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Recalls spur growth of healthy options

BY Doug Desjardins

It’s been six months since the massive pet food recall in March that was traced back to tainted wheat from China. But the recall is having a lasting impact that’s raised concern among pet owners about what goes into the food and treats they feed their pets.

That concern was reflected in a survey conducted in August by Purina that showed 82 percent of pet owners now try to purchase the healthiest foods they can find for their pets, a percentage on par with the 90 percent who said they try to buy the healthiest products they can find for themselves.

“As people are becoming more knowledgeable about nutrition and what goes into their own food, they’re becoming more selective about what is and is not in their pets’ food,” said Ken Wilhelm, brand director for Purina Pro Plan Selects.

So it’s no surprise pet food suppliers are rolling out new products that contain all-natural ingredients, along with things like antioxidants. Purina expanded its Pro Plan line of healthy foods for dogs and cats this summer as part of its move into the all-natural food category. Purina says its new Pro Plan Selects and Selects Canned Entrees are made with lean protein and natural ingredients, such as fruits and vegetables, wild rice and oatmeal.

In addition to carrying healthy foods from Purina and Iams, Walgreens now sells Sunshine Natural Way Adult Dog Food. Its Lamb Meal & Rice Recipe sells for $5.99 and contains no artificial ingredients or preservatives. It is made up of all-natural lamb meal and farm-harvested rice.

CVS is targeting the pet treat category with its Nutri-Vet line of products for older dogs. Its Nutri-Vet Hip and Joint Wafers contain high-quality ingredients along with glucosamine to help dogs troubled with arthritis and other joint ailments.

Organic foods also are becoming more popular, though high prices—often three-times higher than regular pet foods—make them less attractive. Nevertheless, sales of organic pet foods are expected to generate $800 million in sales this year and increase 20 percent annually over the next few years. Some all-natural and organic foods that contain human-grade products have started appearing in stores that typically don’t carry higher-end food and include pet foods from Newman’s Own, Pet Promise and LifeSpan.

Despite the high prices, organic foods and treats are likely to attract more attention this fall thanks to a second round of recalls in late August that raised another red flag.

Wal-Mart pulled two brands of dog treats made in China from its shelves on fears they contained trace amounts of melanin, the same chemical that was found in 100 brands of pet food recalled in March. And Mars Pet Care recalled two brands of dog food in New York and Pennsylvania that may have been contaminated with a strain of salmonella.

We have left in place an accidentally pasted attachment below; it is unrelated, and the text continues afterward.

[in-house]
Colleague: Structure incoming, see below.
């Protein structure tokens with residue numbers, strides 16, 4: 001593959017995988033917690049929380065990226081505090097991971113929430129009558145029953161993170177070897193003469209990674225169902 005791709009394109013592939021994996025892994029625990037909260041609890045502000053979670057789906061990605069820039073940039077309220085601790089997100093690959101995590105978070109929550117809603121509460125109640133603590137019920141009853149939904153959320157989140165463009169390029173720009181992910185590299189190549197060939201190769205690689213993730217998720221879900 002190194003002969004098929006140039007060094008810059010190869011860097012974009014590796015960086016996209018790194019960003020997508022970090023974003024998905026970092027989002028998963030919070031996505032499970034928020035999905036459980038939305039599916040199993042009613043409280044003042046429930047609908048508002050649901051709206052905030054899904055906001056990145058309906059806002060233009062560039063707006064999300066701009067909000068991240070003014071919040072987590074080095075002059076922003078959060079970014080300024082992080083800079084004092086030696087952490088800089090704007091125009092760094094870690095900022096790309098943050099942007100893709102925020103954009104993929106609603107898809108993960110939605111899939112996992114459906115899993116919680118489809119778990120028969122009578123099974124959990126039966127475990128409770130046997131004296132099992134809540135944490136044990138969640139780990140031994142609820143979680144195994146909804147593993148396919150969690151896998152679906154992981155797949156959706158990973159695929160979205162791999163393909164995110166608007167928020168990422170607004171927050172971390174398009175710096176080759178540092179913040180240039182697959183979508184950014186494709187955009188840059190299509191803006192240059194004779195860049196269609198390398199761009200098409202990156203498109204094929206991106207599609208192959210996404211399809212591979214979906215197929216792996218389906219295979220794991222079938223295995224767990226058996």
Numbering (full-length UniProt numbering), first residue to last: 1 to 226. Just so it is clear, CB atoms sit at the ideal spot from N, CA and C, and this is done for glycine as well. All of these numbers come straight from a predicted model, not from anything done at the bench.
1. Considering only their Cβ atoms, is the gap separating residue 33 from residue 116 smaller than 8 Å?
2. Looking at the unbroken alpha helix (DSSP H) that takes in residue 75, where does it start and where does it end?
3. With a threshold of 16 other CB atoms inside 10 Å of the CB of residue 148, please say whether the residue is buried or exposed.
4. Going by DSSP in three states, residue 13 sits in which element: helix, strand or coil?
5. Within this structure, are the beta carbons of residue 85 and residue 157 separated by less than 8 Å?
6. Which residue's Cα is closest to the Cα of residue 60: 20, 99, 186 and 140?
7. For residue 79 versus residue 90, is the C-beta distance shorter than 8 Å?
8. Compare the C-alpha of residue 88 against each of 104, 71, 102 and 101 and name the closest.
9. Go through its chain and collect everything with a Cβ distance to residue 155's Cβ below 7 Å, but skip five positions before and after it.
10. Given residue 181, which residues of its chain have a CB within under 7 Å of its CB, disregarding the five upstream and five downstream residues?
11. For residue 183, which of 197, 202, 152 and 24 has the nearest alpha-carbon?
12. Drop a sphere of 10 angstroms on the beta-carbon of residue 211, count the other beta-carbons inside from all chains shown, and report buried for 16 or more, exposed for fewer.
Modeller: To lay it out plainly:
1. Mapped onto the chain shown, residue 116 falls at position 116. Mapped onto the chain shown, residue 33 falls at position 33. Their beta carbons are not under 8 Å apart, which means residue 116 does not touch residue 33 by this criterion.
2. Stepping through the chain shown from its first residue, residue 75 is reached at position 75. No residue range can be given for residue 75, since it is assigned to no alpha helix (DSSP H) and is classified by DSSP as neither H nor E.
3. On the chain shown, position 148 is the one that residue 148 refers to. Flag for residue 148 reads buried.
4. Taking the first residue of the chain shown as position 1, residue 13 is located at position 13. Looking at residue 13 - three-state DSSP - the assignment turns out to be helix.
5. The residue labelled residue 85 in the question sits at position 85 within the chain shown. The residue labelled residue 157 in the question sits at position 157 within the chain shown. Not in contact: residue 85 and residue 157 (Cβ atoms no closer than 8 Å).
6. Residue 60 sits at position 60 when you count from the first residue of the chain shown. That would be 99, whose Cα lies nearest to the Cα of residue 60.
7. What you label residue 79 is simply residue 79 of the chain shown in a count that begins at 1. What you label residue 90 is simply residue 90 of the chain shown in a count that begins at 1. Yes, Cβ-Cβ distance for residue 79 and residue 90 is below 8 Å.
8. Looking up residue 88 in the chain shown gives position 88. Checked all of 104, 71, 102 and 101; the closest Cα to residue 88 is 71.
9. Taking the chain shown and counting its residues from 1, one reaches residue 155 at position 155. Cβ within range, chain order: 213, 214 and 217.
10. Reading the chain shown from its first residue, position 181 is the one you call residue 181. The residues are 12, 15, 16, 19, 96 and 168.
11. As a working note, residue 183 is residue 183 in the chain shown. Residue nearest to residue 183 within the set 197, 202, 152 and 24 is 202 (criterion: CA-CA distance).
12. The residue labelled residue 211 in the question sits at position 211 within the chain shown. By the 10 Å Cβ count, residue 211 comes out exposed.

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Kroger appoints Going as Michigan division president

BY Adam Kraemer

CINCINNATI The Kroger Co. announced Wednesday that it has named Rick Going president of the company’s new Michigan division.

Kroger currently operates 138 stores in the state; Going will oversee operations in them, effective immediately.

During his 26-year tenure with Kroger, Going has held a number of district- and division-level leadership positions at the store and has served as vice president of Retail Operations and vice president of Merchandising for Kroger’s Cincinnati/Dayton division.

“Rick brings extensive experience in operations and merchandising to this new role,” said Don McGeorge, Kroger’s president and chief operating officer. “We look forward to his leadership as he works with our associates to build on Kroger’s growth in Michigan by focusing on our customers to create even better shopping experiences for them.”

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NACDS responds to “misleading” New York Times article

BY DSN STAFF

ALEXANDRIA, Va. The National Association of Chain Drug Stores has fired back at The New York Times after the publication ran an article in its Sept. 18 issue titled, “The ‘Poisonous Cocktail’ of Multiple Drugs.”

The NACDS said the article misrepresented the role of chain pharmacies in the prevention of harmful drug interactions. The article blamed, “places where chain stores have replaced independent pharmacies or when the patient’s drug plan requires that medications be ordered by mail.” The NACDS retaliated by stating that all pharmacists, no matter whether they work in a chain or at an independent pharmacy, counsel patients for drug interactions and rely on medication information for this purpose.

The NACDS said the article misrepresented the role of chain pharmacies in the prevention of harmful drug interactions. The article blamed, “places where chain stores have replaced independent pharmacies or when the patient’s drug plan requires that medications be ordered by mail.” The NACDS retaliated by stating that all pharmacists, no matter whether they work in a chain or at an independent pharmacy, counsel patients for drug interactions and rely on medication information for this purpose.

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